I’ve written about the [preservation of games] in the past. The 87% figure doesn’t really surprise me. I’ve said it before, the main issue is a misalignment of incentives. The loss of these games is tragic, but there is currently little incentive for any of these publishers to do something about it.
Game publishers have a huge amount of money invested in their intellectual property. It holds value. They can potentially re-release these games, sell or license the rights, or any of a number of other options. Giving that away comes at the cost of all of those other options and gains them nothing except the fleeting good will of players who will happily rake them over the coals when the next set of patch notes get released. Corporations cannot give something of value away out of the goodness of their hearts, they are legally bound to operate in the shareholders’ best (financial) interests.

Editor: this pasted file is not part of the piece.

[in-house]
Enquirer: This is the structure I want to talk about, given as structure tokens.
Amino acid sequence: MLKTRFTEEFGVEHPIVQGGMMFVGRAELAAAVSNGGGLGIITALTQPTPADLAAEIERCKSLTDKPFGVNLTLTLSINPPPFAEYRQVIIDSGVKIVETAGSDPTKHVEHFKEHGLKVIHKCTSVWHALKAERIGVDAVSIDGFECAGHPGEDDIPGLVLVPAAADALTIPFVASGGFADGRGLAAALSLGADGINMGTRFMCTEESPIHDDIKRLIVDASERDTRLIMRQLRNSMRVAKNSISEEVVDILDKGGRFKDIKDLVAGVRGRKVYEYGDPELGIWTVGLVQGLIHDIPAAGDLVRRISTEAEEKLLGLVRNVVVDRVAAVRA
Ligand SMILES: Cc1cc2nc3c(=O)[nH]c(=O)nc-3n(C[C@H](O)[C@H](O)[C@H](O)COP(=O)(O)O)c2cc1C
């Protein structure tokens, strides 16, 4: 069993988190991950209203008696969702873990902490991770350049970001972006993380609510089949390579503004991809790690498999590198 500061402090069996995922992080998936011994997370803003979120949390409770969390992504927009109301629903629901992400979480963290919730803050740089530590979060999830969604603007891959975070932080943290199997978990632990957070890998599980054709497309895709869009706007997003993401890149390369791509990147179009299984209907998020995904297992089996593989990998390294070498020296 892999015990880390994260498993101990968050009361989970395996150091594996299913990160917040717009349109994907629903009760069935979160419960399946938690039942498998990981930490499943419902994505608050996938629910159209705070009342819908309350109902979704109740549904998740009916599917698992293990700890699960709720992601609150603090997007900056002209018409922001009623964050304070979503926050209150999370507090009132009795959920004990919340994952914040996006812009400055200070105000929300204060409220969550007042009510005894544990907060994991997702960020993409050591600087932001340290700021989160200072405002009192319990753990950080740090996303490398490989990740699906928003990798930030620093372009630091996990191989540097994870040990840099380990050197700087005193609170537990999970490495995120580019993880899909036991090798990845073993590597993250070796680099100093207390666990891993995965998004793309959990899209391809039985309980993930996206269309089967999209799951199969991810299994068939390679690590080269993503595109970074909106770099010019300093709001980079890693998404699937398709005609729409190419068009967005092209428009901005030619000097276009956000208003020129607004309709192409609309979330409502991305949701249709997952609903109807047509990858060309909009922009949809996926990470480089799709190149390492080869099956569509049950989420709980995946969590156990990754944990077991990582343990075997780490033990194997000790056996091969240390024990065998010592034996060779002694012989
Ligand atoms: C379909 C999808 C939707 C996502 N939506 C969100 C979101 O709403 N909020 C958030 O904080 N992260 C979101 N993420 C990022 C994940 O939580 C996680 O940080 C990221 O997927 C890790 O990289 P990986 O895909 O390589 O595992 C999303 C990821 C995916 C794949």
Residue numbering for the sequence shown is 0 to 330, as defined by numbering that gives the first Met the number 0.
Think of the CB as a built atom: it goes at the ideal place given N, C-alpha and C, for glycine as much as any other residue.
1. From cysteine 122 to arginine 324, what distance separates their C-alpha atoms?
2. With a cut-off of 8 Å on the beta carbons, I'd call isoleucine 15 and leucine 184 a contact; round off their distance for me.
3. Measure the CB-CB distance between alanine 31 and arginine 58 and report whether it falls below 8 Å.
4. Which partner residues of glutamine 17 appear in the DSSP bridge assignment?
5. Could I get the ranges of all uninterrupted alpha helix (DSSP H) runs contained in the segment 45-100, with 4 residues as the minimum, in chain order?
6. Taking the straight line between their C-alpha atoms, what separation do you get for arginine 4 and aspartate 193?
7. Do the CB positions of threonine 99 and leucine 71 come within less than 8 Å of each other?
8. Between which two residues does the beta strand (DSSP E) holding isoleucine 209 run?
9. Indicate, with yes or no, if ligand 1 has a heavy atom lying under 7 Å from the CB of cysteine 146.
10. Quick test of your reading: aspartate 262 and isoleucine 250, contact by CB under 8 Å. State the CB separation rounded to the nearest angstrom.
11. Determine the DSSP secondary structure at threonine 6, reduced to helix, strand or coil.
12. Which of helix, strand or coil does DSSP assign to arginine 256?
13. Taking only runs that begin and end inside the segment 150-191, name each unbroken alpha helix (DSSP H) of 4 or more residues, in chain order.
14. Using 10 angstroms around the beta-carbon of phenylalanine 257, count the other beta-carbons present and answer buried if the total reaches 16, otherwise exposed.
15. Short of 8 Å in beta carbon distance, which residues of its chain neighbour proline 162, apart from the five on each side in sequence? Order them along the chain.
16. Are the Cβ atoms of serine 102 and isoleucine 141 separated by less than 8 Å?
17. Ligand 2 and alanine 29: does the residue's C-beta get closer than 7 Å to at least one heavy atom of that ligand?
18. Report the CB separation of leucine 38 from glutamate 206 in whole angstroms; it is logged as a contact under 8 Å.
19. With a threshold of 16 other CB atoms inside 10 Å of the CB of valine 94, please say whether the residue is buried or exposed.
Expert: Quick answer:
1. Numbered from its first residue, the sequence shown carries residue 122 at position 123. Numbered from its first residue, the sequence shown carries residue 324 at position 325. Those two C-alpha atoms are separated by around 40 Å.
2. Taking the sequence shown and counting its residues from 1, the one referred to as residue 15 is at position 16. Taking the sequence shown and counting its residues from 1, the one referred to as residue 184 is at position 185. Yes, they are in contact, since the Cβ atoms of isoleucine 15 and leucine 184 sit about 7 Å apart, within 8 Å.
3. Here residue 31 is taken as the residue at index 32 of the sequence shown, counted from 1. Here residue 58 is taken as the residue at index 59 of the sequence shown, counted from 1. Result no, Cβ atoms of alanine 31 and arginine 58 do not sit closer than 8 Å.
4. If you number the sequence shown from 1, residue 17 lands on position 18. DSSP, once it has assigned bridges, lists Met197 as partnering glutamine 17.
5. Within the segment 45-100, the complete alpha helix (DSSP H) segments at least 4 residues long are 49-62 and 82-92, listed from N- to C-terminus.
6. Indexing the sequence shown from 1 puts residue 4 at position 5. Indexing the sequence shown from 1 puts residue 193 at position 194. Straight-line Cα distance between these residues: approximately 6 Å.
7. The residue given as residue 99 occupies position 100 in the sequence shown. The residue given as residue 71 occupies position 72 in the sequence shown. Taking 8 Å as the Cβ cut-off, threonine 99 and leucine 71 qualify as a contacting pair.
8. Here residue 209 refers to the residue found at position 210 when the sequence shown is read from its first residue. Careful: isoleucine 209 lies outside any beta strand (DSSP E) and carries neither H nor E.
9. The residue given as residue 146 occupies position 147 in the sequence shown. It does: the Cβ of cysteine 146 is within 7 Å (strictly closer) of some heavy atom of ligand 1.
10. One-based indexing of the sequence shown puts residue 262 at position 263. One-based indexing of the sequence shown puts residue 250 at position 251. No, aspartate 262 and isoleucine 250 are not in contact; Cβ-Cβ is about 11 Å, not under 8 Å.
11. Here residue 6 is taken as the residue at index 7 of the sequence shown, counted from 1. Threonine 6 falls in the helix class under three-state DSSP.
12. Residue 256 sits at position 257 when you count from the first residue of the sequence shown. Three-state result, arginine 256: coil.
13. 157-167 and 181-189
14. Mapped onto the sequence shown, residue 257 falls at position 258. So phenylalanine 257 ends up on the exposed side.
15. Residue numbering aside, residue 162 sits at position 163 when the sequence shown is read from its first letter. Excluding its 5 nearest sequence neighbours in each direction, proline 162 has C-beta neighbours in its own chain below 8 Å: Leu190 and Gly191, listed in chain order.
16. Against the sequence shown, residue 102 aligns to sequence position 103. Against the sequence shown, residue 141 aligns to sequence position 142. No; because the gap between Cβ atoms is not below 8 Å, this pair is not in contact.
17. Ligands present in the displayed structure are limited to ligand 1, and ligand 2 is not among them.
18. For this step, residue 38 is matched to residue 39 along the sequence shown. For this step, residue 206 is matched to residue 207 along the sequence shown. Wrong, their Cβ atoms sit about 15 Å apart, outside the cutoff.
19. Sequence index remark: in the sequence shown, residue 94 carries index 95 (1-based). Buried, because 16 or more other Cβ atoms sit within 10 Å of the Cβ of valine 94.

In order to get the publishers on board, they need a good incentive to do so, something that they can present to their shareholders to say “this will be provably better for the company than sitting on the rights to these old games” and justify giving up the value. If, for example, game publishers could obtain a significant tax writeoff for issuing a license for their old games to accredited archives and museums, they would have a reason to help out with the preservation of those games. Such a thing would require a coordinated lobbying effort by the publishers and the voters, but it is within the realm of possibility. I believe that trying to force them to give up their intellectual property is a losing proposition, since they will absolutely fight it every step of the way.
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